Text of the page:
A reflection upon her time at Anawim Home from Becky Zawodny:
What does it mean to be an angel? Maybe that seems like a silly question- we all know what angels are. Angels are God’s messengers. He sends them to protect us, to show us the way. Angels are sent here for us.
There has not been a day so far in my life that I did not believe I had a guardian angel watching over me. On good days and bad, normal days and the days when I feel like I’m lucky to have survived, I have always believed that it wasn’t just me by myself. Some days it comes from my family, other days from friends, sometimes strangers, and often just divine providence, but always from somewhere. This is something I have never doubted. I never doubted it, but I also never looked at it from the other angle.
Then I went to Nigeria. It was Sunday, August 2, our first day there. We had just arrived at the Anawim Home in Gwagwalada. We were tired, it had been quite a while since any of us had showered, and we had no luggage. Things had been a bit of blur so far; getting from the airport back to Anawim, talking to Sister and taking in the scenery, thinking to ourselves, “Wow, this is it. We’re here.”
Our first stop once we arrived at Anawim was a small sitting room at the front of the complex where most of the nuns live. We sat down, and Sister opened our visit with a prayer. I don’t remember the exact words, but she said something along the lines of: “Lord, thank you for sending us these angels.” Angels. She called us angels. I have always believed that there were angels watching over me, but never in my life had it occurred to me that anyone thought of me that way, especially someone I had only just met an hour before. Immediately I asked myself if she had really just said what I thought she said. Angels?
I went on this trip because I believe in justice for all people. I believe that we are all human and deserve to be treated with dignity, and it is through this core belief that I find my faith and my spirituality. I see God when I serve. It’s as simple as that. And, as much as I do go into every project, every mission, with the goal of service in any way possible, I also always go in realizing that those whom I serve are angels in my life. They show me God.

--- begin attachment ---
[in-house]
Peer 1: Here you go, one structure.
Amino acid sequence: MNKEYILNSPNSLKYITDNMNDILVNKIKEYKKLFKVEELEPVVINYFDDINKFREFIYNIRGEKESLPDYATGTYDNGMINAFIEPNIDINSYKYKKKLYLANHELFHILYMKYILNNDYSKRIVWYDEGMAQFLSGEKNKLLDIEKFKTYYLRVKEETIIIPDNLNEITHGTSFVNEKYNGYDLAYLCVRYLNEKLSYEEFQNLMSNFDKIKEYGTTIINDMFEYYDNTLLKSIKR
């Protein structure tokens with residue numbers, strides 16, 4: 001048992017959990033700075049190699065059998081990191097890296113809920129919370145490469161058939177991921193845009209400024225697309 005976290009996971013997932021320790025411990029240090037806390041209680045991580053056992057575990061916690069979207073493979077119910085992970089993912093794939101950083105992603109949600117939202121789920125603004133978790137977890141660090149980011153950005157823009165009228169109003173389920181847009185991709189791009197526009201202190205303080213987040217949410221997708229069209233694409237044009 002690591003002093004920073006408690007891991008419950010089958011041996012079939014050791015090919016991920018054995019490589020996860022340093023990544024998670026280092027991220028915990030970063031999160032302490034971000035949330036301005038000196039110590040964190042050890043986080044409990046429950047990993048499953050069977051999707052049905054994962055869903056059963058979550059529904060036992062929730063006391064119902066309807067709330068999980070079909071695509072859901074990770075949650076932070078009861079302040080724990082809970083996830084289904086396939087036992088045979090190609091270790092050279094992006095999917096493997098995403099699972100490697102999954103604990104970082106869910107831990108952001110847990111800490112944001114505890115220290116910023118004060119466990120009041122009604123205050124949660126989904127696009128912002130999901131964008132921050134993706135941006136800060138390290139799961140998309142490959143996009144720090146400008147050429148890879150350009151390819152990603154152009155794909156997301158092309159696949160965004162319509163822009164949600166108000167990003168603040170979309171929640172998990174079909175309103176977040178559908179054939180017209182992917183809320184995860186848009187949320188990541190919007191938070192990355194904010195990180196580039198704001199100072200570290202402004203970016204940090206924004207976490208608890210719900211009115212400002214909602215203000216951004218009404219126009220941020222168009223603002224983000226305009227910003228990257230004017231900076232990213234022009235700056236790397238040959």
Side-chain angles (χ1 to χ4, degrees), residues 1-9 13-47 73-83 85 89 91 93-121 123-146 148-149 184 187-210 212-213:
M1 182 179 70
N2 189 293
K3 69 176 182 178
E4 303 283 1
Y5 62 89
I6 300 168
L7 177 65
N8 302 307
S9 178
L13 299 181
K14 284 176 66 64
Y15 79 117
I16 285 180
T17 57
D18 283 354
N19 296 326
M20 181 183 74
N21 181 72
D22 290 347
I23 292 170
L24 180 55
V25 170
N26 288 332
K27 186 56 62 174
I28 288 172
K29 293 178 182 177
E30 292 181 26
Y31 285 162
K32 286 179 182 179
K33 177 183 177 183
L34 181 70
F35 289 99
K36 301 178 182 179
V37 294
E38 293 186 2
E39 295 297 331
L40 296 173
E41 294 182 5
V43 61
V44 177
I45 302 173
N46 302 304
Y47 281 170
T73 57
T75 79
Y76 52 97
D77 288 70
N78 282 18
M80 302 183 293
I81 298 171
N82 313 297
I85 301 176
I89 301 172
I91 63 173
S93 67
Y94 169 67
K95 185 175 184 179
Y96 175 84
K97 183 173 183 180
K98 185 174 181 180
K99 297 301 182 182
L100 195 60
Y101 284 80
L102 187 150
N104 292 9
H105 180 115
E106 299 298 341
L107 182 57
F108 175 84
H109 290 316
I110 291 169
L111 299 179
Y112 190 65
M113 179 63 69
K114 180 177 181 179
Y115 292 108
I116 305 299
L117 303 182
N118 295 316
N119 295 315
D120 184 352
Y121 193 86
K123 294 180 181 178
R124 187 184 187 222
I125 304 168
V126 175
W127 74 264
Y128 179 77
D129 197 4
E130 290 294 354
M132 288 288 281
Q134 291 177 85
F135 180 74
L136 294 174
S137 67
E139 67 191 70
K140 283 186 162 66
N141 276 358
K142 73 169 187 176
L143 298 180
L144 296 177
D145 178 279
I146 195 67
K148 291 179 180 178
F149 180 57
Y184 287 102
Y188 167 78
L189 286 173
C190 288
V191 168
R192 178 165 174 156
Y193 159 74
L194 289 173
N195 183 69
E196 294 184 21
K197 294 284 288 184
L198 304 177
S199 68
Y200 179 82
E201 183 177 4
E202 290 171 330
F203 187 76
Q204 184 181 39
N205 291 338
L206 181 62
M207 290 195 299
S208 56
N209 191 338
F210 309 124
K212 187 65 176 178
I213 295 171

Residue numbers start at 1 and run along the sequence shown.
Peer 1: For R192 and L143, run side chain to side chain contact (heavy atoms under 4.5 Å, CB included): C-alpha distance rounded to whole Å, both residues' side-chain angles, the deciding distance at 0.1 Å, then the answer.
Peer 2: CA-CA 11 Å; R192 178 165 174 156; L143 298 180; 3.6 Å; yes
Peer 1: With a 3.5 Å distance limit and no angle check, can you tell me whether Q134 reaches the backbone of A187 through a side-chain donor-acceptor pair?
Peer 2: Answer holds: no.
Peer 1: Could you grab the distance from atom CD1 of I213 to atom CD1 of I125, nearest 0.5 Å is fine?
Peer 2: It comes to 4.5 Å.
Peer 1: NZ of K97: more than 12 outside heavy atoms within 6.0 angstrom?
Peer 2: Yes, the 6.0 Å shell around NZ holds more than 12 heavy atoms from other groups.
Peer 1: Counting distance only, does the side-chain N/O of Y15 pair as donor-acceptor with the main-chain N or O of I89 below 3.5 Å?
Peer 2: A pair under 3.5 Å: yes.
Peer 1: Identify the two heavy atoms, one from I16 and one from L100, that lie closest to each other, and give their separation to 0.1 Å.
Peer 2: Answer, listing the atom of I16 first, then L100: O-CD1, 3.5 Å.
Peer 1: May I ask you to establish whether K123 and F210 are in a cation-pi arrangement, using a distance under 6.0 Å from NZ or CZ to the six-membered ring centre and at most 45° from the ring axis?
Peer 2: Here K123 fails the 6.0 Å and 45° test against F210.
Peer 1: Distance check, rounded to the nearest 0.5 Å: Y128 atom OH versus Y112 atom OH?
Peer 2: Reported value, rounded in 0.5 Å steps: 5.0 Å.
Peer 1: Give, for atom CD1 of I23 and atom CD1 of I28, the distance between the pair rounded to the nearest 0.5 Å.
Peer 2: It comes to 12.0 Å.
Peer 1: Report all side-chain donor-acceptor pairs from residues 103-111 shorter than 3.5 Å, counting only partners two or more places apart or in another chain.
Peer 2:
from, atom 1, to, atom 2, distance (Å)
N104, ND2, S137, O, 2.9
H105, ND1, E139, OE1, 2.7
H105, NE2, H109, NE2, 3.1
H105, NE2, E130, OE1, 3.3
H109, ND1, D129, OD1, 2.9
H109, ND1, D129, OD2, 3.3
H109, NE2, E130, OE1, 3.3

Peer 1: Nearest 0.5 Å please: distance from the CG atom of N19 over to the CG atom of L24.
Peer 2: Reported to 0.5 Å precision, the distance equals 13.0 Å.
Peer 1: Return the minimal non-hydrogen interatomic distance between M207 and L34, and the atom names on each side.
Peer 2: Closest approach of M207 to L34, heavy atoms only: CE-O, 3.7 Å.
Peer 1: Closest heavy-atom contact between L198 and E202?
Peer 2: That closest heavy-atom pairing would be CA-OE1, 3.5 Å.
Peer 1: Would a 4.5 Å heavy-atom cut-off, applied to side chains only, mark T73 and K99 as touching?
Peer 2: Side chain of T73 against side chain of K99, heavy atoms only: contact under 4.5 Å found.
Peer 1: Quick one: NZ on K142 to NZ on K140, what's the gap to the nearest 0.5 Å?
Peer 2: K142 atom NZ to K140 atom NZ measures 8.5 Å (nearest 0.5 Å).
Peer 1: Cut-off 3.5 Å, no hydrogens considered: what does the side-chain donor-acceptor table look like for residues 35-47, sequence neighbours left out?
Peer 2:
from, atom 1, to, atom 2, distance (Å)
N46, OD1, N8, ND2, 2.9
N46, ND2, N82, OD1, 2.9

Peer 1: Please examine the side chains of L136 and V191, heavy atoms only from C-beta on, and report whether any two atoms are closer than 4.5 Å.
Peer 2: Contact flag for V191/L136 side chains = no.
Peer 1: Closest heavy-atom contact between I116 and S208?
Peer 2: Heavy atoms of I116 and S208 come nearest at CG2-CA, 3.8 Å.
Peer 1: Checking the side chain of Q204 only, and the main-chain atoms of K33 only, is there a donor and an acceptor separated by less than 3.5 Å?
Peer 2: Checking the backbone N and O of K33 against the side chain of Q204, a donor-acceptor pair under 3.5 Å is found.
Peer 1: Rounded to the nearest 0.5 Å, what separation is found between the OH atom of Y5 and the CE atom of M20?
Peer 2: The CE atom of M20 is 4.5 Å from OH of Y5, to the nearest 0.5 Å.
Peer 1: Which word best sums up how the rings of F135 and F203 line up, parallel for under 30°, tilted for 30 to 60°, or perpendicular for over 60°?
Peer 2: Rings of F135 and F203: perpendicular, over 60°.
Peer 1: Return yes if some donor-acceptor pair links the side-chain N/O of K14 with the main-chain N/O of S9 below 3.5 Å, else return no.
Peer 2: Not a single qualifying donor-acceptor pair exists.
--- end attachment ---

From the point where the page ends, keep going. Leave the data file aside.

I don’t know if it’s humble or selfish that I never thought of myself that way—sure, there is humility in not thinking highly of yourself, but had I put myself in the shoes of those I was serving, wouldn’t I have realized, or at least wondered, how they thought of me and my role in their lives? I guess it doesn’t totally matter now. What does matter is that now I do know. Now, hopefully, we all realize what we are to these people and what a huge responsibility that is; a responsibility and an honor.
The Nativity : Nigeria mission has grown over the past few years, from a little sprout of an idea, to something that is bigger than any of us. Water. We have set a goal to provide the people of Nigeria with water, the source of life. Does that make us angels? Who knows? I freaked out a little bit when sister first called us that—like I said, it seems like such a huge responsibility. God sends angels to protect. He sends them to save. And someone called us that.
Now that I’ve been back for over a month and have really had time to reflect, though, I have realized that whatever you want to call us, we have had that very same responsibility ever since we took up this mission. Ever since we decided to adopt these people into our lives we have made their welfare of concern to us. Now I guess I just see it more clearly. Now being called an angel isn’t quite so scary.
The people I got to know in Nigeria, both the ones I met there and the ones I came with, are all angels in my life in some way. And when I think about what that means to me, I now cannot help but to become absolutely overwhelmed with joy at the realization that maybe I, too, have affected someone the way so many have affected me. Angels are all around us.